on 22 June. ("Voyage 47" was chosen as the code name because it was on her 47th voyage from Penarth
Penarth
Penarth is a town and seaside resort in the Vale of Glamorgan , Wales, 5.2 miles south west from the city centre of the Welsh capital city of Cardiff and lying on the north shore of the Severn Estuary at the southern end of Cardiff Bay...

, in 1886, during a tempest that SS Great Britain had sought for shelter in The Falklands
Falkland Islands
The Falkland Islands are an archipelago in the South Atlantic Ocean, located about from the coast of mainland South America. The archipelago consists of East Falkland, West Falkland and 776 lesser islands. The capital, Stanley, is on East Falkland...

.) Bristol-based tugs then took over and towed the ship, still on her pontoon, to Avonmouth Docks
Avonmouth Docks
The Avonmouth Docks are part of the Port of Bristol, in England. They are situated on the northern side of the mouth of the River Avon, opposite the Royal Portbury Dock on the southern side, where the river joins the Severn estuary, within Avonmouth....

.

The ship was then taken off the pontoon, in preparation for her re-entry into Bristol, now truly afloat. On Saturday 5 July, amidst considerable media interest, the ship was towed up the River Avon
River Avon, Bristol
The River Avon is an English river in the south west of the country. To distinguish it from a number of other River Avons in Britain, this river is often also known as the Lower Avon or Bristol Avon...

 to Bristol. Perhaps the most memorable moment for the crowds that lined the final few miles was her passage under the Clifton Suspension Bridge
Clifton Suspension Bridge
Brunel died in 1859, without seeing the completion of the bridge. Brunel's colleagues in the Institution of Civil Engineers felt that completion of the Bridge would be a fitting memorial, and started to raise new funds...

, another Brunel design. She then waited a further two weeks in the Cumberland Basin
Cumberland Basin (Bristol)
The Cumberland Basin is the main entrance to the docks of the city of Bristol, England. It separates the areas of Hotwells from the tip of Spike Island.The River Avon never flowed through the Cumberland Basin...

, until a high enough tide occurred that would get her back through the locks to Bristol's Floating Harbour, back to her birthplace, the dry dock in the Great Western Dockyard in which she had been built (now a grade II* listed building, it had been disused since bomb damage during the Second World War).
The original intent was to restore her to her 1843 state. However, the philosophy of the project changed in recent years and the conservation of all surviving pre-1970 material became the aim.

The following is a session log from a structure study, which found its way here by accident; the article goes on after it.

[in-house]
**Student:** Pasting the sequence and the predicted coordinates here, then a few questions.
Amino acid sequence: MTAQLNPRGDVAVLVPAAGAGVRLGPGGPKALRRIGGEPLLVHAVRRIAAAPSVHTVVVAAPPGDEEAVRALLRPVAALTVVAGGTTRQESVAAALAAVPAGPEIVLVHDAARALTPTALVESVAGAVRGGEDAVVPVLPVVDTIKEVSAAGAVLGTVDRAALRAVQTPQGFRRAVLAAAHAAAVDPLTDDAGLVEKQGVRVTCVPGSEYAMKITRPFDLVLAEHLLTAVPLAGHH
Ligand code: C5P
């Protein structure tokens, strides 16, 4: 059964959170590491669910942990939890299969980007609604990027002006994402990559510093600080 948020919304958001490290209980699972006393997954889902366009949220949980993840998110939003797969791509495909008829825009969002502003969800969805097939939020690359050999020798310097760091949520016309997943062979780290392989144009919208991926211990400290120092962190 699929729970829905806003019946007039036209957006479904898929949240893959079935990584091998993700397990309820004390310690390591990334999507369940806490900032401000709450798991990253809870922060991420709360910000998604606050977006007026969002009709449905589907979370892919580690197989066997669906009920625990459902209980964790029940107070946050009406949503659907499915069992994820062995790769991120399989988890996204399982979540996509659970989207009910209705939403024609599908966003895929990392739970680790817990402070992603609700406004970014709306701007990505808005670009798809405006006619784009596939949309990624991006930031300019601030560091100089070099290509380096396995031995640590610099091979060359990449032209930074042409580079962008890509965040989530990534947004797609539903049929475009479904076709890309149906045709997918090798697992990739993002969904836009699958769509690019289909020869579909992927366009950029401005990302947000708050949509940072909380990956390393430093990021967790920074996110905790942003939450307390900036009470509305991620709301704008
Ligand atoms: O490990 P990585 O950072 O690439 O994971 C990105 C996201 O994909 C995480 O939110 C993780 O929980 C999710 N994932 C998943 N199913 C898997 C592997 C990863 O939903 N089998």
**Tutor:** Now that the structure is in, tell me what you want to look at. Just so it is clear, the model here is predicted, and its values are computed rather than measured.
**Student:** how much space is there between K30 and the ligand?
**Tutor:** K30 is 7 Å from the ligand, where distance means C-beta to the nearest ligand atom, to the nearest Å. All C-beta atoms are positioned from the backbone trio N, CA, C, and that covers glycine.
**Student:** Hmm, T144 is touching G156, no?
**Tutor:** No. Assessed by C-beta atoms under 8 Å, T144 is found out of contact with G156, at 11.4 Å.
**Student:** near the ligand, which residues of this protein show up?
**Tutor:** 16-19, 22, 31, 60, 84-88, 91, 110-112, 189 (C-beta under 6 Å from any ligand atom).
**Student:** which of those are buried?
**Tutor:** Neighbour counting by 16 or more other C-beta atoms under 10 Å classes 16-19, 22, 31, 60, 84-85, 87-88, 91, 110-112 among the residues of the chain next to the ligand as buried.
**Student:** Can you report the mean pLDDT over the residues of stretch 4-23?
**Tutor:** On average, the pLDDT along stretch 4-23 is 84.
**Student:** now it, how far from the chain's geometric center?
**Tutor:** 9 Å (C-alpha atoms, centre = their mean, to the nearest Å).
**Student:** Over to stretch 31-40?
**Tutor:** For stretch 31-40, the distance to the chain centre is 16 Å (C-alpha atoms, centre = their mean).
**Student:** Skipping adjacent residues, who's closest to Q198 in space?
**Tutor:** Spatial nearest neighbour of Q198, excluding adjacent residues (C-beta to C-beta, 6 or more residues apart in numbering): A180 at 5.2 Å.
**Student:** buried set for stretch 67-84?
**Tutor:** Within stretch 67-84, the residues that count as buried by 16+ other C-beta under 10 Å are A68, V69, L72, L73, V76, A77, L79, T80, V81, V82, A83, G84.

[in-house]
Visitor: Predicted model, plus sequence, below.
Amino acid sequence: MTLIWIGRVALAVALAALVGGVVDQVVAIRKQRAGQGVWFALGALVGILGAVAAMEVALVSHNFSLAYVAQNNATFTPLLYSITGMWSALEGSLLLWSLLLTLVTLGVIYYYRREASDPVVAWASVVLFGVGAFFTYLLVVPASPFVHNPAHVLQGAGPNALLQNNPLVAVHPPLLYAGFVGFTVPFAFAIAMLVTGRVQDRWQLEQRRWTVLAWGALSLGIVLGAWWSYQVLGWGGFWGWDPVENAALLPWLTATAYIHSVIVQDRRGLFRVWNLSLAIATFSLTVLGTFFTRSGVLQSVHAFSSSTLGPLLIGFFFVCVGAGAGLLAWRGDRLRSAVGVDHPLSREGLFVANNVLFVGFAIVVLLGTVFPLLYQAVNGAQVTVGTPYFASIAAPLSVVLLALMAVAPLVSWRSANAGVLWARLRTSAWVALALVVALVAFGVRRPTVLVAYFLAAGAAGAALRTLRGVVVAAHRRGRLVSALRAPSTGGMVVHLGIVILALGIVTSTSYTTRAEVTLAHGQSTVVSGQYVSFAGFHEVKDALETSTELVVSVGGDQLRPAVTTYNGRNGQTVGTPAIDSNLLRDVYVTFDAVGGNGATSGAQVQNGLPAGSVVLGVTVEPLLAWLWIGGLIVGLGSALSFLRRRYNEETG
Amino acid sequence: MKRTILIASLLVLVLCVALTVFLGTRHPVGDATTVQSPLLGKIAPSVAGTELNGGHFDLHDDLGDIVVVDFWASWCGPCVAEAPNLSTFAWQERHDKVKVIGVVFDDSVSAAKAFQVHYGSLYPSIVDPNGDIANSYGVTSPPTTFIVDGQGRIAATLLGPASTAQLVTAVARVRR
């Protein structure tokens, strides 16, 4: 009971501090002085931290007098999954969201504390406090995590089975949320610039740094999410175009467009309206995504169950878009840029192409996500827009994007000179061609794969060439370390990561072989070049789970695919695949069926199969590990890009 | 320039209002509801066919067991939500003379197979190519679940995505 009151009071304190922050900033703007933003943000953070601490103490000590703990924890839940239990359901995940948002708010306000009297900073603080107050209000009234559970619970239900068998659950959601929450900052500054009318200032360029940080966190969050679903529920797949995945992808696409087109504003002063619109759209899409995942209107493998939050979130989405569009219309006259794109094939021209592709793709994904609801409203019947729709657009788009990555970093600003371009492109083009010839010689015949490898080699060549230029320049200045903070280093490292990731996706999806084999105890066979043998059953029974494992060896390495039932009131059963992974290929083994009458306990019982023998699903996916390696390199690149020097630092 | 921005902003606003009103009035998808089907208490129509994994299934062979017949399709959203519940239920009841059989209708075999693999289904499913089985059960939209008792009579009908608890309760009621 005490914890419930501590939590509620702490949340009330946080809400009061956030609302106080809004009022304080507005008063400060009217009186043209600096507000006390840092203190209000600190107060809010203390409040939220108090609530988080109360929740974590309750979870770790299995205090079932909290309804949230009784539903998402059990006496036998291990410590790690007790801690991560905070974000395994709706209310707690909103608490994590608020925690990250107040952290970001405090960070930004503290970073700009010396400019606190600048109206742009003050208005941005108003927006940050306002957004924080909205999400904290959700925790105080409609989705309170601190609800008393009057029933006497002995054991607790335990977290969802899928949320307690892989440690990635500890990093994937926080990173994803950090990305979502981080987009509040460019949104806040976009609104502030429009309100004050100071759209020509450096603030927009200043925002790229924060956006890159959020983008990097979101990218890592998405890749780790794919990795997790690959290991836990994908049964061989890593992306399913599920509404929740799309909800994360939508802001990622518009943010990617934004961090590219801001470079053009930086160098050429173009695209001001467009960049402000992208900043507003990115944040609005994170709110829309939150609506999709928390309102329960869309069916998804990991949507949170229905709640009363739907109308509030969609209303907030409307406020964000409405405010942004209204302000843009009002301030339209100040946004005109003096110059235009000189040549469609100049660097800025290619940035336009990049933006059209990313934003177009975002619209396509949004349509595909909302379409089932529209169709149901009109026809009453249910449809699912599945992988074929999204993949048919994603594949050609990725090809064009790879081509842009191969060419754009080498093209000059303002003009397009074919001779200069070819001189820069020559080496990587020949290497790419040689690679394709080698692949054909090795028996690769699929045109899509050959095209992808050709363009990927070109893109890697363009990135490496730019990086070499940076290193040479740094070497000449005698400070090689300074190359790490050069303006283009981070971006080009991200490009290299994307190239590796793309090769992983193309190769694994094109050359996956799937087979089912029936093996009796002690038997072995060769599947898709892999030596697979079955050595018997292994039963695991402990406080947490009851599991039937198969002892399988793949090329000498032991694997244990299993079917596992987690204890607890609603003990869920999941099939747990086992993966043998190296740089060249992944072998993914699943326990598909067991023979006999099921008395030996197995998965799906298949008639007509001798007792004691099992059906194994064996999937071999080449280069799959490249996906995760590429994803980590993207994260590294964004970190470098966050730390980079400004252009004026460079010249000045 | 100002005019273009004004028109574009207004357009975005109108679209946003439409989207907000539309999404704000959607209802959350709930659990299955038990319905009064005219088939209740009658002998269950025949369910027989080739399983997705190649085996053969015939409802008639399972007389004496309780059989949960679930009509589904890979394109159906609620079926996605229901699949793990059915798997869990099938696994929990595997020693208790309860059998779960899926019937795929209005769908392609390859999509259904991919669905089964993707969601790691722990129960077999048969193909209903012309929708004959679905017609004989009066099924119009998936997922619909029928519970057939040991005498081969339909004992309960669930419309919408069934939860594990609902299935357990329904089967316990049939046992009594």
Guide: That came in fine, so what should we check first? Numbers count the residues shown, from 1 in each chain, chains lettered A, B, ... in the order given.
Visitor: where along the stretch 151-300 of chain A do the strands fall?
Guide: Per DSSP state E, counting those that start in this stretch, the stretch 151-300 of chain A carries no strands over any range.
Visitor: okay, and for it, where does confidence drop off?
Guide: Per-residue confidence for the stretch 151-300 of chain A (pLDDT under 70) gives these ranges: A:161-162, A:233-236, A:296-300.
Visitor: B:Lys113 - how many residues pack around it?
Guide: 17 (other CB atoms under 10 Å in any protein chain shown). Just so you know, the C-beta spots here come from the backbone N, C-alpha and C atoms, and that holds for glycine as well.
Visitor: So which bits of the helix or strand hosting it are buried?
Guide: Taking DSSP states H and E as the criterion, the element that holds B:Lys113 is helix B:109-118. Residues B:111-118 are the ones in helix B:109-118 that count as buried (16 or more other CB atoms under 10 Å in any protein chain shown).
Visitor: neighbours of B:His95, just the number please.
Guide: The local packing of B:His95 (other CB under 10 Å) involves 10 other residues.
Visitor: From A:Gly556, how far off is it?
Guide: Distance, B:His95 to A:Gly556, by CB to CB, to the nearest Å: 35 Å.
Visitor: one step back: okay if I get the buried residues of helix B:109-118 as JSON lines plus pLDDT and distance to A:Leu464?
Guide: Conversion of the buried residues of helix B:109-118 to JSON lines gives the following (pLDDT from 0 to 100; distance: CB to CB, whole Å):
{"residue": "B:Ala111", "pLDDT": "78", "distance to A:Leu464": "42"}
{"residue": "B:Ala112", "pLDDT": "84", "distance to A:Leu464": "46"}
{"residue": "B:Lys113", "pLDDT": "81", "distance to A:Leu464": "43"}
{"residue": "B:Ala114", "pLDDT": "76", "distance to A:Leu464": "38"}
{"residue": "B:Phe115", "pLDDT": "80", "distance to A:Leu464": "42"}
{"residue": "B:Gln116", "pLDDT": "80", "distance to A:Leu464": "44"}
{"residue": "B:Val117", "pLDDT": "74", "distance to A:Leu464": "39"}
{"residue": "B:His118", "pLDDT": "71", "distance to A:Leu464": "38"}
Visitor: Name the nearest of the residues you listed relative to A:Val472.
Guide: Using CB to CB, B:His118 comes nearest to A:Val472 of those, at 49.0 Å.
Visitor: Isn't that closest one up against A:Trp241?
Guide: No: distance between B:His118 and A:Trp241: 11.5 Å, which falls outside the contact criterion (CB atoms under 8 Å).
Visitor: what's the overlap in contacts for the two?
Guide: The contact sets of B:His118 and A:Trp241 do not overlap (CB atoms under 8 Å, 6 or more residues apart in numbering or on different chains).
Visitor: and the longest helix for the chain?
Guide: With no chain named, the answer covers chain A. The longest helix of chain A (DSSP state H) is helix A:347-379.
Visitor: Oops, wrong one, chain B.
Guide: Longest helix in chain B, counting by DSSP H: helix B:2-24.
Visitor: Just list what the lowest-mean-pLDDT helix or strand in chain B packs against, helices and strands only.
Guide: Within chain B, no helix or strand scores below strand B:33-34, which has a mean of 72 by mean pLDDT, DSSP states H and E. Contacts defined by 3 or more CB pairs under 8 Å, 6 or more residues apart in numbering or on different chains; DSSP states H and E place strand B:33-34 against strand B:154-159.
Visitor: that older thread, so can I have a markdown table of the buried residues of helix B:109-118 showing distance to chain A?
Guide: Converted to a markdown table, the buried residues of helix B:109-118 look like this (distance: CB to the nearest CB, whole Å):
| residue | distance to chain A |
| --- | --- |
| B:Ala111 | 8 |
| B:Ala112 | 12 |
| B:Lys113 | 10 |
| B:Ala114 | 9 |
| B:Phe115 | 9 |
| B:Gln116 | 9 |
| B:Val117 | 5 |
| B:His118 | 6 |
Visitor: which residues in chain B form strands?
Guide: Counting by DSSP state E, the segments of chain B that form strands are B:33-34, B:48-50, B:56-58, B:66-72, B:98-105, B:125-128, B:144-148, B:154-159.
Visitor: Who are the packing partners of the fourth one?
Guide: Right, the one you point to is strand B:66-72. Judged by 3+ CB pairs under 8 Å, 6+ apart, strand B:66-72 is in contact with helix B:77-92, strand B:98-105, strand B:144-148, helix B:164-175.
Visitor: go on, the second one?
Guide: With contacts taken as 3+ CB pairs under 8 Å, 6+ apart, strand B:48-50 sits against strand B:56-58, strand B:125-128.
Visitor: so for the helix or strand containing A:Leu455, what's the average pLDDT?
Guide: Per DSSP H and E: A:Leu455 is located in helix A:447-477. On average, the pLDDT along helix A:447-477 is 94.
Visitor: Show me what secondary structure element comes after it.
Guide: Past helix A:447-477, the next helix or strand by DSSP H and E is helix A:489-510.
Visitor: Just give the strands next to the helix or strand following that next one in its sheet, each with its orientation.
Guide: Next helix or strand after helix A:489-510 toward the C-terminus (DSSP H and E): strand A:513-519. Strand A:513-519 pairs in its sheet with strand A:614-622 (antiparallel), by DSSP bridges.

In the meantime, the historic ship was featured in several television specials, such as the award-winning Arts and Entertainment
Arts and Entertainment
Arts and Entertainment may refer to:* A&E Network, an American cable and satellite television network* A&E Television Networks, the cable network's parent company* Arts and Entertainment, a hip hop album by American rappers Masta Ace and Edo G....

 two part mini-series program Floating Palaces in 1997. The special documented the history of the ocean liner age from 1819 to the present time and the historic significance of Brunel and his three ships, as well as including expert commentary and a walking tour of the Great Britain in Bristol while showcasing her restored interiors. The 2001 production of the PBS documentary and drama Victoria's Empire
Victoria's Empire
Victoria's Empire is a three part British travel series that was first broadcast on BBC One in 2007. It was fronted by comedienne and actress Victoria Wood. Wood travelled around the world in search of the history, cultural impact and customs which the British Empire placed on the parts of the...

 was the most noted one, in which the ship is featured as an accomplishment of Brunel's skills at the time and is also used as a period set for scenes showing Prince Albert
Prince Albert
Prince Albert was the husband and consort of Queen Victoria.Prince Albert may also refer to:-Royalty:*Prince Albert Edward or Edward VII of the United Kingdom , son of Albert and Victoria...

 boarding her for his inspection tour, actors playing Victorian Era passengers and crew, and with cargo seen set up in the foreground.

By 1998, an extensive survey discovered that the hull was continuing to corrode in the humid atmosphere of the dock and estimates gave her 20 years before she corroded away.